For many, college is the first time where students experience a new kind of freedom. They are away from parents, high school and even friends they have been around most of their lives. This new sense of independence can be exciting and at the same time a little scary for some. College has traditionally been a time where students take on more responsibilities and learn how to set and attain goals. Unfortunately, college is also a time where all of these pressures and influences combine and include a higher level of drug experimentation and substance abuse overall. One of the biggest culprits is marijuana, joining alcohol as something that is abused by a higher percentage of young adults in college compared to those who are not.
As marijuana becomes more mainstream with legalization for adults over the age of 21 in a few states, more and more college students are using the drug. According to a recent study, 18% to 21% of college freshman began using marijuana upon arriving at college. This is a slight increase from years before where about 17% of college freshman started experimenting with the drug. Scientists compared these numbers to those of graduating seniors that who chose not to attend secondary education and found that only about 9% of these young adults started using marijuana after high school.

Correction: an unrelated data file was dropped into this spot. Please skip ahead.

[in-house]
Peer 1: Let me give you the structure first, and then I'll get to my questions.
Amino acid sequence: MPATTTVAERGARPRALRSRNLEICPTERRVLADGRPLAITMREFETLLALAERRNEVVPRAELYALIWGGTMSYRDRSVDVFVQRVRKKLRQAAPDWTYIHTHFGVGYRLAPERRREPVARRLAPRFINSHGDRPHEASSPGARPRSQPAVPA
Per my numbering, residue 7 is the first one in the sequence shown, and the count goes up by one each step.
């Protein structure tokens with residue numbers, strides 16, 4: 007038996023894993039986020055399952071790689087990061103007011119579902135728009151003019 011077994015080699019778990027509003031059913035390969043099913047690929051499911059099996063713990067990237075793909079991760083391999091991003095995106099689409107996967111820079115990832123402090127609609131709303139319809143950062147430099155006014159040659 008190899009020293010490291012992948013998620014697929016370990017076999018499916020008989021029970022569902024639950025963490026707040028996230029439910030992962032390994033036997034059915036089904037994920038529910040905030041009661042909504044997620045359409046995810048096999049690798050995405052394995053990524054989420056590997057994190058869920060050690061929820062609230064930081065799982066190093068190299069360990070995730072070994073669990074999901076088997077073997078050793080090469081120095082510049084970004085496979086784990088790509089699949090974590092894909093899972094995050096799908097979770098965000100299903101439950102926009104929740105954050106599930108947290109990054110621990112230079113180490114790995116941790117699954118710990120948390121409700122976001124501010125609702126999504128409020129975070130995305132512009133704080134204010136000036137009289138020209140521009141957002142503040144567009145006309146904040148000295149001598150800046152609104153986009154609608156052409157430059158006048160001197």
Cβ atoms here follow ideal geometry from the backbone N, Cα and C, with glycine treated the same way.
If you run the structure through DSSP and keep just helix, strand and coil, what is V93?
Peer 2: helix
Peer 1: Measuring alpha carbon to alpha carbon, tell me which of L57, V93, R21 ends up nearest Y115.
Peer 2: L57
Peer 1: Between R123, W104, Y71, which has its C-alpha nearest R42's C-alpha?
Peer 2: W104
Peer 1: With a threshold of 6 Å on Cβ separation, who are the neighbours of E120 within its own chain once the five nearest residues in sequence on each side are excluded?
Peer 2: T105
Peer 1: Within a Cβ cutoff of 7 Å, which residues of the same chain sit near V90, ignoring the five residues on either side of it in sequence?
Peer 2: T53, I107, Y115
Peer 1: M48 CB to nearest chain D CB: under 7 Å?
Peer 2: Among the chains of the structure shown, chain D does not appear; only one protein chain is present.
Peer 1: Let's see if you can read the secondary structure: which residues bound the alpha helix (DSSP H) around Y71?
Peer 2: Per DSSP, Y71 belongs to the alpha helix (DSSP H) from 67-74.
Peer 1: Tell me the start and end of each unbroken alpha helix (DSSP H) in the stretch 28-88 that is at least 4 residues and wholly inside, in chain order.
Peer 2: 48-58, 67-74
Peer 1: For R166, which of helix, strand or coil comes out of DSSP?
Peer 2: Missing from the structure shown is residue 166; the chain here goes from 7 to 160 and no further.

So, the question many ask is why does college increase the chances young adults will start using marijuana? One expert had this to say, “We surveyed incoming first-year college students on why they tried or use marijuana…For some, experimentation was a motivator. Young adults might just want to try it and see what it is about. For others, they might use marijuana for reasons such as for social bonding, relaxation, boredom, to fit in, or to enjoy the feeling,” commented Christine Lee, director of the Center for the Study of Health and Risk Behaviors at the University of Washington in Seattle.
Many people feel that there are bigger picture implications here. With higher substance abuse rates in college than before, and an increasing number of people using marijuana and other drugs, our next generation of leaders doesn’t sound to be quite as responsible as most of us would like them to be. Time will tell whether they are able to mature out of this behavior, as has been done in the past, or if we will continue to foster the drug culture and all the problems inherent in it.